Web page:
The state first improved to the second-highest rating, “needs assistance,” in its 2015 evaluation, which used data from the 2012-2013 and 2013-2014 schools years.

Last year OSEP also began calculating its ratings using a combination of compliance and results indicators for students with disabilities called results driven accountability (RDA), rather than relying solely on compliance data. RDA incorporates measures such as the percentage of students with disabilities who are taking state assessments as well as NAEP; how students with disabilities performed in reading and mathematics on NAEP; and proficiency gaps between students with disabilities and other students. This year’s report from OSEP also includes the graduation and drop-out rates of students with disabilities.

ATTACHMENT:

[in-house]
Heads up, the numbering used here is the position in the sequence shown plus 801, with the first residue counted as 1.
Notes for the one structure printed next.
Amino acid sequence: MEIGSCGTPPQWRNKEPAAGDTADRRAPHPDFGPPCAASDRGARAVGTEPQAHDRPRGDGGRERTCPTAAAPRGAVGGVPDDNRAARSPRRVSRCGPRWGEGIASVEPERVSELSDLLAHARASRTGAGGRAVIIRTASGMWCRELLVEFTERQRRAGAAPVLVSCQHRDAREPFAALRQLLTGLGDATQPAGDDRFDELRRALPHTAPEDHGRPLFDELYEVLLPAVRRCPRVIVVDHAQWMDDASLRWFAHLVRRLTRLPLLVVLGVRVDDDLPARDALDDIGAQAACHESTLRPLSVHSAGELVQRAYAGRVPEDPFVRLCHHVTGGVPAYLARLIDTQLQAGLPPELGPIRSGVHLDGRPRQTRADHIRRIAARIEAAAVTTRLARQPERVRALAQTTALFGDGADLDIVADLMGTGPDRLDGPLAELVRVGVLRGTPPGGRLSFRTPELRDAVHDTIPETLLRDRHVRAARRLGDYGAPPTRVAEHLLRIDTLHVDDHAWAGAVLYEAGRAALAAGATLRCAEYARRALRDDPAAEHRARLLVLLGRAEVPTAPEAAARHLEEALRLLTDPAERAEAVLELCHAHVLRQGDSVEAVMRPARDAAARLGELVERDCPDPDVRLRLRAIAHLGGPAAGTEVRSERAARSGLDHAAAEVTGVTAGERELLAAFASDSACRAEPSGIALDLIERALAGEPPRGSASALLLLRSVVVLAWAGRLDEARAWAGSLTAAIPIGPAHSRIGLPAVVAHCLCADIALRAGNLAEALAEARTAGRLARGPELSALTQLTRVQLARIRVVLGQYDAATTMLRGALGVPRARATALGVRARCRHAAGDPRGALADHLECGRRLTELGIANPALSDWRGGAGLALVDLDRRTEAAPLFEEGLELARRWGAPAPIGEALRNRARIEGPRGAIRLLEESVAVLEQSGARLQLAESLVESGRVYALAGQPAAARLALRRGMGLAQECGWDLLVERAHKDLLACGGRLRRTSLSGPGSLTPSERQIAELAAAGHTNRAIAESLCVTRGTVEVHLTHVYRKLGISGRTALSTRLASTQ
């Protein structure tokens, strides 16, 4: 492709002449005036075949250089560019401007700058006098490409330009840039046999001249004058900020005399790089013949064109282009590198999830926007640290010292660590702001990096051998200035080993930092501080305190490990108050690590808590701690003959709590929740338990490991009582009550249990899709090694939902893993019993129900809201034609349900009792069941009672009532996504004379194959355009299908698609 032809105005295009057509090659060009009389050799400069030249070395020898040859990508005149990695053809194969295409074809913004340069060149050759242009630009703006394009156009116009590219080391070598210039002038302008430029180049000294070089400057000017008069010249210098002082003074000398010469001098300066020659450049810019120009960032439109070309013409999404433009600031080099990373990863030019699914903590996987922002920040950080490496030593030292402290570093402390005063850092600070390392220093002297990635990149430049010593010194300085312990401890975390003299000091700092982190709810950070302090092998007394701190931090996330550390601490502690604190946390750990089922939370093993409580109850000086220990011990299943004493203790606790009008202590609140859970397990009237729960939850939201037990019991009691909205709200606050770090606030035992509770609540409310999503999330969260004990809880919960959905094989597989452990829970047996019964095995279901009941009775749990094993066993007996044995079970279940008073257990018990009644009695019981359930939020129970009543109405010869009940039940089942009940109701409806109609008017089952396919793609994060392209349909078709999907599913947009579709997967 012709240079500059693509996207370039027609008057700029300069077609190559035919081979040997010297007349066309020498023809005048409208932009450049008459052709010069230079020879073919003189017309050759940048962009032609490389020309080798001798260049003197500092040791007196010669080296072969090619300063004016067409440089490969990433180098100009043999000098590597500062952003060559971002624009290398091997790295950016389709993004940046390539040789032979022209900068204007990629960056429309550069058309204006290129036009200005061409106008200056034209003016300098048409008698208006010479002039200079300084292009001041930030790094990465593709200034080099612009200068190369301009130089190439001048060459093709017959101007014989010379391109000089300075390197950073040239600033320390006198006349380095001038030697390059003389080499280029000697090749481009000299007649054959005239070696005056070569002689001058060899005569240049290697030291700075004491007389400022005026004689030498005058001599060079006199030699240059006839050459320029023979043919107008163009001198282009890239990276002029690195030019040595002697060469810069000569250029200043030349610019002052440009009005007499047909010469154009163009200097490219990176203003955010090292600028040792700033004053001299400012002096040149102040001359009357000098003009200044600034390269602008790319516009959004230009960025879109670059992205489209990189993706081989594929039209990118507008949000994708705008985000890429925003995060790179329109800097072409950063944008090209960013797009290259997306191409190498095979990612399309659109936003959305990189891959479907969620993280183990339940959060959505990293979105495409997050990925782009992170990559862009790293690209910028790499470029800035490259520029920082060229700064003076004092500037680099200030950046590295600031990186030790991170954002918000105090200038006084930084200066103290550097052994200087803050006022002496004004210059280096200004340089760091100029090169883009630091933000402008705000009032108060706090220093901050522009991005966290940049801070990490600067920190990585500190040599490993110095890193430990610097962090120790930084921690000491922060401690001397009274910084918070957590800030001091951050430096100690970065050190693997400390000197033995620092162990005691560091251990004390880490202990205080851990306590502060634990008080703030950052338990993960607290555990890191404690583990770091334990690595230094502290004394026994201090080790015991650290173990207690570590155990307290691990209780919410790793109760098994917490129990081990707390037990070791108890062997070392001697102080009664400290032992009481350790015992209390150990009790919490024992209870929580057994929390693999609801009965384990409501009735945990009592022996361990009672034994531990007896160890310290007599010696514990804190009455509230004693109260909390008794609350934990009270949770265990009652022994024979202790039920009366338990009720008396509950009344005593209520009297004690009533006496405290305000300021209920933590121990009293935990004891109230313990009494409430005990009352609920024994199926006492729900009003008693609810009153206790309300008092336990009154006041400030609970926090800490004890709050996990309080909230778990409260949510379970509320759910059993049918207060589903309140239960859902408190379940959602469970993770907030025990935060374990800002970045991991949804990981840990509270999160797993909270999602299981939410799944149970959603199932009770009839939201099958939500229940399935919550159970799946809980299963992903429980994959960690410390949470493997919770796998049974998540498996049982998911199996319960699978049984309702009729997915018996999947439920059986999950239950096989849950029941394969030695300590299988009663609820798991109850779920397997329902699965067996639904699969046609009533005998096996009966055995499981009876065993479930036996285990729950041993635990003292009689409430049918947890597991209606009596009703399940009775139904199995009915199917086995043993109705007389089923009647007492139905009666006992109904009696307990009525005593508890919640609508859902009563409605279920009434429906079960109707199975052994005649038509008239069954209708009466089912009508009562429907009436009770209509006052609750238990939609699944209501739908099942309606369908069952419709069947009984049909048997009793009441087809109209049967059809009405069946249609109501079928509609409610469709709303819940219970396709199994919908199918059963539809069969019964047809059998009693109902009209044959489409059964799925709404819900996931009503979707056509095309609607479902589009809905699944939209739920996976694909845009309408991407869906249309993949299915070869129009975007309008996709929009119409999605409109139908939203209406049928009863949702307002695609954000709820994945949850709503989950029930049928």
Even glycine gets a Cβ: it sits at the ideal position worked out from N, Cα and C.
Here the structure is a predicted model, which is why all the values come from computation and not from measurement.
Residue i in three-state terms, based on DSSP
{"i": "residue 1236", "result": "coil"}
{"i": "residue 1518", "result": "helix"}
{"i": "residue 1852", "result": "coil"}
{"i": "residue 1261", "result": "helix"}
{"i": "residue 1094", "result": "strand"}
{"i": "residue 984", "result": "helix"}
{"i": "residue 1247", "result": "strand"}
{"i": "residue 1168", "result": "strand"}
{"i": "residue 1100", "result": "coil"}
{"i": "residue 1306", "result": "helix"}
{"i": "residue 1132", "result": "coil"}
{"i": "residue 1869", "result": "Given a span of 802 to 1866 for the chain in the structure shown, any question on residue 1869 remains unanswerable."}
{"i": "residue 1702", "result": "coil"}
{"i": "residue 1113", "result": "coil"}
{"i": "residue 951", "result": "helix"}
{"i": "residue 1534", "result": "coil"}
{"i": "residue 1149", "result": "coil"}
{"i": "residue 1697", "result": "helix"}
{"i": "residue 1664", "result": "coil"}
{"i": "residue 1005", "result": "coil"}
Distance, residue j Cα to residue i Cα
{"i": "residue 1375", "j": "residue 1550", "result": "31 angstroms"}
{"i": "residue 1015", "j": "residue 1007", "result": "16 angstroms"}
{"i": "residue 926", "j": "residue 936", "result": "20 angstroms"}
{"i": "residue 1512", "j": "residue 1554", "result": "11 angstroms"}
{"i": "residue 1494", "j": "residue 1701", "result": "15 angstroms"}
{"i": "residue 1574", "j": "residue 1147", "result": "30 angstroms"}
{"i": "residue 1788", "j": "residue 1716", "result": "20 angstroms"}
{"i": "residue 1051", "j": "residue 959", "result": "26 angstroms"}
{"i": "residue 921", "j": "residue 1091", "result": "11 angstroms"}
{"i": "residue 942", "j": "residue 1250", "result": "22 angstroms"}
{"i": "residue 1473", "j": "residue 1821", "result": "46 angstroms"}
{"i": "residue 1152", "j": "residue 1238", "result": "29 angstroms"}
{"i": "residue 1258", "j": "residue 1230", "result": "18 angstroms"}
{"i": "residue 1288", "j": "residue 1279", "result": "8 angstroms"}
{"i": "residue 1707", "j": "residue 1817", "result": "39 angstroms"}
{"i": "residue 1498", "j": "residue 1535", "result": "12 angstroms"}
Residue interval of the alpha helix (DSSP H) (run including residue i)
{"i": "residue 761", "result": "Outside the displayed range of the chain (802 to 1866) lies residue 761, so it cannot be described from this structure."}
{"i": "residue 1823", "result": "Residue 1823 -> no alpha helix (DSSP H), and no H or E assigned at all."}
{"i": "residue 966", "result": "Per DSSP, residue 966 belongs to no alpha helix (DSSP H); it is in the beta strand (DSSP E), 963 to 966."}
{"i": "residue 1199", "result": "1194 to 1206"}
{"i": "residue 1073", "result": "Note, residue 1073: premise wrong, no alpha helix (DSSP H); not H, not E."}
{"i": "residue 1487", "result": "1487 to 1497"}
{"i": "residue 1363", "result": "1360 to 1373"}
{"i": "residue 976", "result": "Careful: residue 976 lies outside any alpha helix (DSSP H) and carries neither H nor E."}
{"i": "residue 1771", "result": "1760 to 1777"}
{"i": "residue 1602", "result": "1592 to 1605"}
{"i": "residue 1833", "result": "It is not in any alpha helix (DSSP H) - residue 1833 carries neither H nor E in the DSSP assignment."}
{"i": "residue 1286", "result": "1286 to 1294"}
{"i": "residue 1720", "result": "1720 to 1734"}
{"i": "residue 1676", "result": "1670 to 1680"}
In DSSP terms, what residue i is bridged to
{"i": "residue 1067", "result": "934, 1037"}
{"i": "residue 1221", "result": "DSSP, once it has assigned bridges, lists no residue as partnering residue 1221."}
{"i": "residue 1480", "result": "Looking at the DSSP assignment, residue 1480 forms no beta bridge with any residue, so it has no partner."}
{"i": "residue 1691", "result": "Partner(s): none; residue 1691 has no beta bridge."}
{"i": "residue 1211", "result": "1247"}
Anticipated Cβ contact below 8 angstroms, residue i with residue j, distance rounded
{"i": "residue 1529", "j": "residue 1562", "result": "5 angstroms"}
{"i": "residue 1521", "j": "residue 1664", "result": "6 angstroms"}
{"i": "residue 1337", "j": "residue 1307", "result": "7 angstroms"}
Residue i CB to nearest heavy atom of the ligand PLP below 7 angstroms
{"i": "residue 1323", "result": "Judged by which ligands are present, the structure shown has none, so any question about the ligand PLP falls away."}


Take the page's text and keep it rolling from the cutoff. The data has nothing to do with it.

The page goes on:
District and charters have welcomed the transition, which looks more closely at student outcomes than it does at how well districts and charters complied with the provisions of the Individuals with Disabilities Act (IDEA).

“Having data that measures true student outcomes makes the annual determination process invaluable to educators, and it is especially vital to students with disabilities and their families,” Secretary of Education Steven Godowsky said. “We appreciate this year’s rating that acknowledges the progress made, but we also are still focused on the work we have ahead of us to ensure the expectations for students with disabilities align with those we have for all students.” 

Delaware is working closely with school districts and charter schools to ensure students with disabilities have opportunities to learn the same content as their peers, receive support they need to prepare for success after high school, and have their social, emotional and behavioral needs addressed.

IDEA Annual Determinations for FY2014: District and Charter ratings now available